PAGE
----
Timothy Day received his new heart in 2015.
KENMORE, N.Y. — A Kenmore dad just found out he will soon be able to sign-up for an appointment to get the COVID-19 vaccine, which is welcome news for him since he is a heart transplant recipient.
Timothy Day received a new heart in 2015. Since then, he’s had to take health precautions many of us didn’t think about or took for granted before the pandemic hit. Now, he’s looking forward to getting the vaccine in Phase 1B.
“I was accustomed to the routine of wearing a mask at large gatherings and obviously washing my hands. Fortunately, my wife, Sherry, is a germaphobe and she always is on our children to wash their hands as soon as they come in the door from school,” Day said on Monday.
Since Day is a heart transplant recipient, he’s had to take even more health precautions because of the pandemic.
“What we had to adjust to was doing like grocery pick-ups and not going to those family gatherings that we used to. It’s been a little bit of an isolation for our family,” Day said. “We do go to events outdoors where we can see family and friends. Other than that, we’ve been just trying to maintain our distance from everybody and say as healthy as we can.”
So far, Day’s family has stayed healthy. His wife had to quarantine after being exposed to someone who was positive, but she tested negative.
“My wife was exposed to someone and she quarantined herself in our house for two weeks, wore a mask, slept in a separate bedroom, and tested negative fortunately,” Day said.
We first met Day in 2013 when he was a Tonawanda police officer newly diagnosed with an autoimmune disease. His fellow officers held a fundraiser for him as he waited for a new heart.
“I’m thankful for this gift. It’s allowed me to resume a somewhat normal life up until this COVID thing happened a year ago,” Day said.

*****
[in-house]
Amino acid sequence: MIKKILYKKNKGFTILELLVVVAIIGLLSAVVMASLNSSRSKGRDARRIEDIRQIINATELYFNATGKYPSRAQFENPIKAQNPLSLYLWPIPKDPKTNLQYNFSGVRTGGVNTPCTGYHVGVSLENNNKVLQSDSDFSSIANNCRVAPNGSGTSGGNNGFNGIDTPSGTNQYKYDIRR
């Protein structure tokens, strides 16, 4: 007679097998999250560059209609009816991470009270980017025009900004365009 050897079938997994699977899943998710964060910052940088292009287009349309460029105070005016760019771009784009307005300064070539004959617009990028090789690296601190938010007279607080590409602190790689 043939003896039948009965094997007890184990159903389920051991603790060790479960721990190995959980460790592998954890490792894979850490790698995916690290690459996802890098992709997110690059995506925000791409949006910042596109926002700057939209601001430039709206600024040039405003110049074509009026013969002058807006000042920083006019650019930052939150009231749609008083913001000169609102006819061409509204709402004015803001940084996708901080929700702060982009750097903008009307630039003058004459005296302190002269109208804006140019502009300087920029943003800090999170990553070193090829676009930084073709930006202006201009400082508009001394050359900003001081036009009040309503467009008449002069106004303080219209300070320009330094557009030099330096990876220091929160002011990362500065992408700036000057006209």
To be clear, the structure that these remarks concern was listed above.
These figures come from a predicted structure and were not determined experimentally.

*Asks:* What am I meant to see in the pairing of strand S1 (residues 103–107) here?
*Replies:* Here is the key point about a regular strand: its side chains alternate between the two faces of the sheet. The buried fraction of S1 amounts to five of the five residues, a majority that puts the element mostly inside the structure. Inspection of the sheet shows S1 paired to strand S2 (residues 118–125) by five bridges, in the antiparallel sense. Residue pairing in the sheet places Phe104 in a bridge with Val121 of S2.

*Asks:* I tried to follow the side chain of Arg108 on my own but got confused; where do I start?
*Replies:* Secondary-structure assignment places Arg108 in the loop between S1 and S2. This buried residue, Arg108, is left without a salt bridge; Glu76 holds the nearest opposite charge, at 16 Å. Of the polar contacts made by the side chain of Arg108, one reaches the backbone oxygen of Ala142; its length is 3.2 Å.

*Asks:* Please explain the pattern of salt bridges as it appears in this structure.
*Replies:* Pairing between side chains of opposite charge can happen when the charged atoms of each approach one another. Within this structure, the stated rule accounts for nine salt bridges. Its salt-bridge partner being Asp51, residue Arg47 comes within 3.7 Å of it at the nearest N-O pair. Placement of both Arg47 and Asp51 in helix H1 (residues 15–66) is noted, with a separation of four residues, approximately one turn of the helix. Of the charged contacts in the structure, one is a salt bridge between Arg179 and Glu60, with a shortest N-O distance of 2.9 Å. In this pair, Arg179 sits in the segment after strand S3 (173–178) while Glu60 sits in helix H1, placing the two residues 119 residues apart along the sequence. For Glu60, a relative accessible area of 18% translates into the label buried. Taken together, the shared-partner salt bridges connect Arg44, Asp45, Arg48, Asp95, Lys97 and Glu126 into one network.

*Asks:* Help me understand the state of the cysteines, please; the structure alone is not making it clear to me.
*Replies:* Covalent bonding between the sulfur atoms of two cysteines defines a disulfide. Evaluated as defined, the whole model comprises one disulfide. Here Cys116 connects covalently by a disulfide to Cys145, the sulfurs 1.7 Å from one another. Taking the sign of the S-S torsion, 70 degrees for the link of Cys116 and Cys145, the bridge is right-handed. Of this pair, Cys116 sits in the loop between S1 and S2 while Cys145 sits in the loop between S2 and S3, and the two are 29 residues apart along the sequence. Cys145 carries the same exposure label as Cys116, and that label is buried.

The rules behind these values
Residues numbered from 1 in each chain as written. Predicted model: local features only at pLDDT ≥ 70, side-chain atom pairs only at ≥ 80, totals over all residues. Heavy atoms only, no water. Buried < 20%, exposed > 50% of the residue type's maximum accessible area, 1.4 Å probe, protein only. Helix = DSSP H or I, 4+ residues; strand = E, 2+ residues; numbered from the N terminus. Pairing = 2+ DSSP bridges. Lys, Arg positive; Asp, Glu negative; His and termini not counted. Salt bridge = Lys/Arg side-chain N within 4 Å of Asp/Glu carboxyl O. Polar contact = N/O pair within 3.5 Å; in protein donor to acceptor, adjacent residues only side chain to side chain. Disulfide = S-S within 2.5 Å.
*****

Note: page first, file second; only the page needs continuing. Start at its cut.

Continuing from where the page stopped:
He says since his transplant, he’s been up and down. He’s gone through three bouts of rejection, and his asthma has been an issue, too. Day takes medications that suppress his immune system so his body doesn’t reject his heart, so he says just being able to make the appointment to get vaccinated will be a huge relief for his entire family.
“I’m the youngest of 11 children, so I have 10 siblings that are all caring and concerned for me, as well as my immediate family here with my wife and children,” Day said. “It’ll be a relief, but we can’t take anything for granted that it’s a cure all to everything. We will still be maintaining our practices of wearing a mask, social distancing, and washing our hands frequently.”
Day has also been going to Massachusetts for medical appointments.
“I just returned last Monday from Boston where I had a biopsy, and I was at zero rejection, but I’ve had other problems, too, with chronic kidney disease, the medications I’m on have an impact on the kidneys,” he says.
Day’s health conditions qualify him for Phase 1B, and starting Sunday, he’ll be able to make an appointment for the vaccine at a state clinic. He’s going to try to get it as soon as possible.
“I expect it to be like a popular concert where everyone is trying to get in, and possibly the website will be overwhelmed,” Day said. “So, the only thing you can do is keep trying. I hope everybody gets it. Being in the transplant community, we root for each other and we pull each other up.”
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